Berkshire Hathaway Chairman Warren Buffett, a revered financial guru and America's second wealthiest person after Microsoft Chairman Bill Gates, ominously warned that derivatives "are dangerous" in a February letter to his company's shareholders. In it, he confessed that he cost his company hundreds of millions of dollars when he bought a re-insurance company burdened with bad derivatives bets.
These instruments, he wrote, "have made it almost impossible for investors to understand and analyze our largest commercial banks and investment banks . . . When I read the pages of 'disclosure' in (annual reports) of companies that are entangled with these instruments, all I end up knowing is that I don't know what is going on in their portfolios. And then I reach for some aspirin."
Most of the banks declined to comment, but Bank of America spokeswoman Eloise Hale said: "We do not believe our derivative exposure is a threat to the bank's solvency."
While Bank of America advised shareholders that its risks from these instruments are no more $13.5 billion, Wachovia last year similarly said it could overcome major risks. In reporting a $707 million first-quarter loss, Wachovia acknowledged that it faced heavy subprime mortgage risks, but said it was "well positioned" with "strong capital and liquidity." Within months, losses mushroomed and Wachovia submitted to a takeover by Wells Fargo, which soon got $25 billion in federal bailout money.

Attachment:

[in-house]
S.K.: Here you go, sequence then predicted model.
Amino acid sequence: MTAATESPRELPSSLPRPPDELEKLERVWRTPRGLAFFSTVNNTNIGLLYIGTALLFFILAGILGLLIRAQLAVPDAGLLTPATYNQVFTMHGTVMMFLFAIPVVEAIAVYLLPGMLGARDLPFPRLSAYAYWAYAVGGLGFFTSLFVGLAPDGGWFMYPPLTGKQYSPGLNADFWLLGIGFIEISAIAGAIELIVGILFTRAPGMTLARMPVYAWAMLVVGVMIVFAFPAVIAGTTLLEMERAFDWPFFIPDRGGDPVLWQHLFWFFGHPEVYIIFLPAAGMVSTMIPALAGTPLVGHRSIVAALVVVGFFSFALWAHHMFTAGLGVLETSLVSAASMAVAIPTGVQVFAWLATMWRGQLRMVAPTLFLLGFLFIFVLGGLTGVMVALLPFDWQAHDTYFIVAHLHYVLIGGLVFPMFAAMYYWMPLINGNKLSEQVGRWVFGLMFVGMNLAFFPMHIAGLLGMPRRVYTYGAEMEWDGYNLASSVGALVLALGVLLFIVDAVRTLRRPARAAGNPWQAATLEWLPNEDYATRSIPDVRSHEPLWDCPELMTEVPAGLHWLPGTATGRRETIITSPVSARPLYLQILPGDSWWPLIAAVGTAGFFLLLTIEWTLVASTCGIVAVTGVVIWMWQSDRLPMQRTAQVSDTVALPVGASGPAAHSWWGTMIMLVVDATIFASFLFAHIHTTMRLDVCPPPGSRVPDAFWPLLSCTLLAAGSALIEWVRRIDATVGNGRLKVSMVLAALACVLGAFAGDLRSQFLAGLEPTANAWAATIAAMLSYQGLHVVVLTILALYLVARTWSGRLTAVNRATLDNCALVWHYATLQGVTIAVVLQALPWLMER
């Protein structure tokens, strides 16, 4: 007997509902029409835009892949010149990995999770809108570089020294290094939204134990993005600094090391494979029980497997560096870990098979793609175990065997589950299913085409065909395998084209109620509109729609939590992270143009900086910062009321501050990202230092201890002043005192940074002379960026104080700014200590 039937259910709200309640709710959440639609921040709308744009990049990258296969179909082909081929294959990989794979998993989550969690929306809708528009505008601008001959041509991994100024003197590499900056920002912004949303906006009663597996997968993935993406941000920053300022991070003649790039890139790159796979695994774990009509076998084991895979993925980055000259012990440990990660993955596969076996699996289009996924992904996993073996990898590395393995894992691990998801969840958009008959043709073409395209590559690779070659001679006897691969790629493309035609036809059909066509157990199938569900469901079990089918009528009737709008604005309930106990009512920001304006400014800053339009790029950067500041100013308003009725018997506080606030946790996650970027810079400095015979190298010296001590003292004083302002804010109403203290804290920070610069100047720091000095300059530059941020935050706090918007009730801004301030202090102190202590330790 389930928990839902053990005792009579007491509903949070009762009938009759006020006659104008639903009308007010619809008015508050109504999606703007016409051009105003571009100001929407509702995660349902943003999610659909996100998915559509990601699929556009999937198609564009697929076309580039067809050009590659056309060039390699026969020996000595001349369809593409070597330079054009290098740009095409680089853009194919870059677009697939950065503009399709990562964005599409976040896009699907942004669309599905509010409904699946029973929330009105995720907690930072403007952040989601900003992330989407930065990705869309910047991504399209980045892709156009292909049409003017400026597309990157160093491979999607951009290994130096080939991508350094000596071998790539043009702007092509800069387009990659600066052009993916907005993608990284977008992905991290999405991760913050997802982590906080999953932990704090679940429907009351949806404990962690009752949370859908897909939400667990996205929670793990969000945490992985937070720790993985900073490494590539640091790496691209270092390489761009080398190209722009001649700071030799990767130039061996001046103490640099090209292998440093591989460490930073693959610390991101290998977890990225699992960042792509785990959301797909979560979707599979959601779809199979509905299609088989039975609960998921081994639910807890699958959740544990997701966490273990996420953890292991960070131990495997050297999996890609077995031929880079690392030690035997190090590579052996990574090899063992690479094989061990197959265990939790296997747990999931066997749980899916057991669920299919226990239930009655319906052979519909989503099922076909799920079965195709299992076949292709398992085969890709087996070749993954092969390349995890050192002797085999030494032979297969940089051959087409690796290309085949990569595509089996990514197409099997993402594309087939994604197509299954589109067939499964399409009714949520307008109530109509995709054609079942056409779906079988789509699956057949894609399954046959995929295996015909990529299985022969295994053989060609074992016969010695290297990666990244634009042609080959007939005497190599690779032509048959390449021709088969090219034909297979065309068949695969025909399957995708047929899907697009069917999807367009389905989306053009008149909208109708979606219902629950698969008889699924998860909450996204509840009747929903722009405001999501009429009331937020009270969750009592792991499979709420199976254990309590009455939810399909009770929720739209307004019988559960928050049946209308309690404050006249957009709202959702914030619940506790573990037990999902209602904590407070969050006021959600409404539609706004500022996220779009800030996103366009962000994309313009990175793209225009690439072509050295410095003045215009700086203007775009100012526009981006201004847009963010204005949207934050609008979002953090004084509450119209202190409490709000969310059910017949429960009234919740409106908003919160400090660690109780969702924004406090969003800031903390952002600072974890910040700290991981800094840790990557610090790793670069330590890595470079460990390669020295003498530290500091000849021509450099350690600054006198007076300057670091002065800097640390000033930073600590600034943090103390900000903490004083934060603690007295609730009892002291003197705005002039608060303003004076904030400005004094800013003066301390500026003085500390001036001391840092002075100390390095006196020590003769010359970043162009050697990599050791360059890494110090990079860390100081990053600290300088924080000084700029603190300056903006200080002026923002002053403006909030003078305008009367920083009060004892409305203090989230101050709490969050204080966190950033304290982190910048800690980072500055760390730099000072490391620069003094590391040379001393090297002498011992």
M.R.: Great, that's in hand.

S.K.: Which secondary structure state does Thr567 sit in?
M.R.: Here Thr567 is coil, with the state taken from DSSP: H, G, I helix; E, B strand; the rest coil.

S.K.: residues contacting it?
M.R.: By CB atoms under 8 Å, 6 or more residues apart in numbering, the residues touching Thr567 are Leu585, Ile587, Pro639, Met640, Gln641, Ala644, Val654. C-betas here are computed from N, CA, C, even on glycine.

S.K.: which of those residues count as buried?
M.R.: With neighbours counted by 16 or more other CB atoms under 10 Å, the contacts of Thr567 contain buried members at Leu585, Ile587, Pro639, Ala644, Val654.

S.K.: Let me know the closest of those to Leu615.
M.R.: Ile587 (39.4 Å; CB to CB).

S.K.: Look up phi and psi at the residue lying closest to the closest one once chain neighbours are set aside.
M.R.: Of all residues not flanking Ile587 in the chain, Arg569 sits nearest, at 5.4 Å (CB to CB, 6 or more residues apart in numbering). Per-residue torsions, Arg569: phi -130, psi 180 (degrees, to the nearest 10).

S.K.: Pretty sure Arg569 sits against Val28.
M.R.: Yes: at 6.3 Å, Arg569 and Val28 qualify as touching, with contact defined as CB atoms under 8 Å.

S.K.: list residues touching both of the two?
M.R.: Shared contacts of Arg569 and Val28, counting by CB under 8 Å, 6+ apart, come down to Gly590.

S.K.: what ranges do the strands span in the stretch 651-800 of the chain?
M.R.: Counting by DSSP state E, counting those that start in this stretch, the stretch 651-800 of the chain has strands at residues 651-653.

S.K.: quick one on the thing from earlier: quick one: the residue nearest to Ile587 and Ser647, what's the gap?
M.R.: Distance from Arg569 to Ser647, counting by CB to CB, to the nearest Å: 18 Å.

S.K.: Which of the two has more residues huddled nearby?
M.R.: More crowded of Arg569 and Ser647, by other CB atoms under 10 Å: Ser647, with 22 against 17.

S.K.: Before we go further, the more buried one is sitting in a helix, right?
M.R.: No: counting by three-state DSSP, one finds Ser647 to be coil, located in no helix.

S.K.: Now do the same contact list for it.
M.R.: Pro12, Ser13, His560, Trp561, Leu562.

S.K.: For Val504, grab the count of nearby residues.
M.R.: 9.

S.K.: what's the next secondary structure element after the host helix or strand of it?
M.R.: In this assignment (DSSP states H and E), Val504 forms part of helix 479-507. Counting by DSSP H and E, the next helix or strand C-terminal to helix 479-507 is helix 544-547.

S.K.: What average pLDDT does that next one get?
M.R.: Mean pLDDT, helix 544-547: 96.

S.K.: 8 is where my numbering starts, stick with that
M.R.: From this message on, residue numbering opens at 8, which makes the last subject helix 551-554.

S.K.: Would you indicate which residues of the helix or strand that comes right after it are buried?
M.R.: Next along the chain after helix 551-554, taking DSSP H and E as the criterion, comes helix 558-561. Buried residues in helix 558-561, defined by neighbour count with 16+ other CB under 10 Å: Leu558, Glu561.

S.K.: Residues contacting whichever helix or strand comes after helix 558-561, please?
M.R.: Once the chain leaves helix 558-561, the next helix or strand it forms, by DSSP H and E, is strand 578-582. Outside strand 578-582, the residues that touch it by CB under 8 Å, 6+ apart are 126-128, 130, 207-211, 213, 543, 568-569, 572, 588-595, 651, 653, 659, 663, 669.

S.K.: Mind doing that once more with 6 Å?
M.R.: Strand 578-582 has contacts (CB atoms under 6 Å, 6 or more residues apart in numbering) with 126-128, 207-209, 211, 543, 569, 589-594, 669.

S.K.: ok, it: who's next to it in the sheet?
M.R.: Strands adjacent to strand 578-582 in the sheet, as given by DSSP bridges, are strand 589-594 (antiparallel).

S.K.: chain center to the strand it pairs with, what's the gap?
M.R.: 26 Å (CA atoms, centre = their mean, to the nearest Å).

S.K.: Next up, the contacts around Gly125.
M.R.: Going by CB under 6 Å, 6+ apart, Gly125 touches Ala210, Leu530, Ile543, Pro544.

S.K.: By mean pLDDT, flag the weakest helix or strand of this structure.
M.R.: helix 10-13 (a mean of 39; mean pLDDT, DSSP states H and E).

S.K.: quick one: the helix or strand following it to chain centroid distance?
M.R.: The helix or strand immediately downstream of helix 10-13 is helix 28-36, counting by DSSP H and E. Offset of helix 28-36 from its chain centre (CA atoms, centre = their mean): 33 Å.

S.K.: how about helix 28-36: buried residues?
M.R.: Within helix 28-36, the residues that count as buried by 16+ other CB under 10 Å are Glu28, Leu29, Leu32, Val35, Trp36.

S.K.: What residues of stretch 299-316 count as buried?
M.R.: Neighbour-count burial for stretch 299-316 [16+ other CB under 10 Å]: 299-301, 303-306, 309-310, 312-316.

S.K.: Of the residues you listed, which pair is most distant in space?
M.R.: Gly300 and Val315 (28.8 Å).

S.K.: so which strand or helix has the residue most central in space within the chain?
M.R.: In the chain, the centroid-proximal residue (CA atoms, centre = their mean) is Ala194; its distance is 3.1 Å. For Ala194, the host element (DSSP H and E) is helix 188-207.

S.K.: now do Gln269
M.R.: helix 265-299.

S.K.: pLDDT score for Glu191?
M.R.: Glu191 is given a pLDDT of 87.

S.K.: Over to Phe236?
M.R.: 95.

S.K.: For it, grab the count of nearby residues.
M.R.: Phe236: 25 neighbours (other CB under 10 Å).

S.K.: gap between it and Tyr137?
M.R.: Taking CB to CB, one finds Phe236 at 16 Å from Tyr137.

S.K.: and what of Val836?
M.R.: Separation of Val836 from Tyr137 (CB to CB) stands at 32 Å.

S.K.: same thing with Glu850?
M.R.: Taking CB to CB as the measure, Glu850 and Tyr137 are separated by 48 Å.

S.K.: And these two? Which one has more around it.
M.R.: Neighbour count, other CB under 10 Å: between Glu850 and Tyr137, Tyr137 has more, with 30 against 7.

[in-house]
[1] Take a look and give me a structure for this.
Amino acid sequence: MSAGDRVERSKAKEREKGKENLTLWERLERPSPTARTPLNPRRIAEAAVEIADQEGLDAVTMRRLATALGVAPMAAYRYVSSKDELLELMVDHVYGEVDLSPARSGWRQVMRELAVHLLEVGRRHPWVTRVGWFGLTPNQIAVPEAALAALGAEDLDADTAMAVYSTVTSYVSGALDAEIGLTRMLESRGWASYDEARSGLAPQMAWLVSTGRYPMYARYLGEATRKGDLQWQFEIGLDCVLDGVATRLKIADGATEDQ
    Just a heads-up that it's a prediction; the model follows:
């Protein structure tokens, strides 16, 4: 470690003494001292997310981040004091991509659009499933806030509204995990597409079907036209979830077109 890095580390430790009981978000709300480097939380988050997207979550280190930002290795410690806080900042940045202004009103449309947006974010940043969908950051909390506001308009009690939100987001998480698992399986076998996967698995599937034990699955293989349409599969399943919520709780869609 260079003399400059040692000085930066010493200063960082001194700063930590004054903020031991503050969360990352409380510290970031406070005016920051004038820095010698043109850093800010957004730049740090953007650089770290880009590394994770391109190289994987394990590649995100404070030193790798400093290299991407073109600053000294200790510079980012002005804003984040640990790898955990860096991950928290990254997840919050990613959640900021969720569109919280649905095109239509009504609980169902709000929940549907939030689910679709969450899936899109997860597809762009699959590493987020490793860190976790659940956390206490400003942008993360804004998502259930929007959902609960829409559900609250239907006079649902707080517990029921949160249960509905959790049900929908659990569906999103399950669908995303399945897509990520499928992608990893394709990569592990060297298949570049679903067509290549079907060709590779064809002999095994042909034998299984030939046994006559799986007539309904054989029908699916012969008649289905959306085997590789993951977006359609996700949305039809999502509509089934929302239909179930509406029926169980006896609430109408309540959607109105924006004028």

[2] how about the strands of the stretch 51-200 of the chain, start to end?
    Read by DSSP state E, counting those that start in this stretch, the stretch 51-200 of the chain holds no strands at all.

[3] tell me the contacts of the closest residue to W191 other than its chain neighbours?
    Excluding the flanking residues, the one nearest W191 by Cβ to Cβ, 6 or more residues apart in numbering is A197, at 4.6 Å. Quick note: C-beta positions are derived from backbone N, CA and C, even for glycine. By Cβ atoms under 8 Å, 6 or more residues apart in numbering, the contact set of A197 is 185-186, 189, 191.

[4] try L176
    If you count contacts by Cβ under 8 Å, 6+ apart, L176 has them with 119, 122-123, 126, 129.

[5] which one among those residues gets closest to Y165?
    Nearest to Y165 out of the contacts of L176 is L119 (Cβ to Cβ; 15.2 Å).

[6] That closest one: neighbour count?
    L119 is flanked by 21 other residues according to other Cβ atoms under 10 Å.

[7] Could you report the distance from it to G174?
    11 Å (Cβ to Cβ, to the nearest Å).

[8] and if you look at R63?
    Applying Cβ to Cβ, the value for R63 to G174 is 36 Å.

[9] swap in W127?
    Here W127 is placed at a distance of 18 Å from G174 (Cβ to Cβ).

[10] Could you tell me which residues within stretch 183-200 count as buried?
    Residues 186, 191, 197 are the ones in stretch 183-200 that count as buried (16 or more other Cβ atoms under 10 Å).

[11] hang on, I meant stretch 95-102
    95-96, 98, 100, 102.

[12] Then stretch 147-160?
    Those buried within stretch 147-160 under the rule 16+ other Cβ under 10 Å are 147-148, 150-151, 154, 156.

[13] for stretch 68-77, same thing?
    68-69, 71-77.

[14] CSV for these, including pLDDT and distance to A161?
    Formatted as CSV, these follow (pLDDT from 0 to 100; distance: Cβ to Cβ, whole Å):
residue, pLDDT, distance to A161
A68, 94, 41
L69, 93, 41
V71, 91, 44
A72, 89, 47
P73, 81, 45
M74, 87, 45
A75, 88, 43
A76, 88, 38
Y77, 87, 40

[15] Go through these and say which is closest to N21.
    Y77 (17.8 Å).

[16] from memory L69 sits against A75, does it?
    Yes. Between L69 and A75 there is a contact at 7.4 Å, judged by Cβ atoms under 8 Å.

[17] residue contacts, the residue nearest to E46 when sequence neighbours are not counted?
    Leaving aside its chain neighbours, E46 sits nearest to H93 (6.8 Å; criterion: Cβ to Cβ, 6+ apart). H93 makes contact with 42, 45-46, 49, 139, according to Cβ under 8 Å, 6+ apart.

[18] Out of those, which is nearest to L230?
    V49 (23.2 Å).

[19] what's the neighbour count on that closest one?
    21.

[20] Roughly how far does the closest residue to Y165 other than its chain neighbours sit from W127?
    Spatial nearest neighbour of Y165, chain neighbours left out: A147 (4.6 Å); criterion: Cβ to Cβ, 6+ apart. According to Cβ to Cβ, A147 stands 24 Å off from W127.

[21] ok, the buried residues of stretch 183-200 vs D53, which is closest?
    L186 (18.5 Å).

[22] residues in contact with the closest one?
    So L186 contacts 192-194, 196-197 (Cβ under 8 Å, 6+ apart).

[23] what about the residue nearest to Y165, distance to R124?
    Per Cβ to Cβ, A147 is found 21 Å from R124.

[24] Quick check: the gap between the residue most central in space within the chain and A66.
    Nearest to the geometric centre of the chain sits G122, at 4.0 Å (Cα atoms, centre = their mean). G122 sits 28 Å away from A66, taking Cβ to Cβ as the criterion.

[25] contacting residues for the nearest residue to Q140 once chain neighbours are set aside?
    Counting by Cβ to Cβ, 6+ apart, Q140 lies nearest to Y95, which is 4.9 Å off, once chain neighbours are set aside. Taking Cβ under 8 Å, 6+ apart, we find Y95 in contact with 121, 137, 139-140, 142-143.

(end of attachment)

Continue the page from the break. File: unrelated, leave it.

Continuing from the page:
Trading in credit-default contracts has sparked investor fears because they are bought and sold in a murky, private market that is largely out of the reach of federal regulators. No one, except those holding the instruments, knows who owes what to whom. Not even banks and insurers can accurately calculate their risks.
"I don't trust any numbers on them," said David Wyss, the chief economist for the New York credit-rating agency Standard & Poor's.
The risks of these below-the-radar insurance policies became abundantly clear last September with the collapse of investment banker Lehman Brothers and global insurer American International Group, both major swap dealers. Their insolvencies threatened to zero out the value of billions of dollars in contracts held by banks and others.
Until then, "we assumed everyone makes good on the contracts," said Vincent Reinhart, a former top economist for the Federal Reserve Board.
Lehman's and AIG's failures put in doubt their guarantees on hundred of billions of dollars in contracts and unleashed a global pullback from risk, leading to the current credit crunch.
The government has since committed $182 billion to rescue AIG and, indirectly, investors on the other end of the firm's swap contracts. AIG posted a fourth quarter 2008 loss last week of more than $61 billion, the worst quarterly performance in U.S. corporate history.
The five major banks, which account for more than 95 percent of U.S. banks' trading in this array of complex derivatives, declined to say how much of the AIG bailout money flowed to them to make good on these contracts.
Banking industry officials stress that most of the exotic trades are less risky — such as interest-rate swaps, in which a bank might have tried to limit potential losses by trading the variable rate interest of one loan for the fixed-rate interest of another.
In their annual reports to shareholders, the banks say that parties insuring credit-default swaps or other derivatives are required to post substantial cash collateral.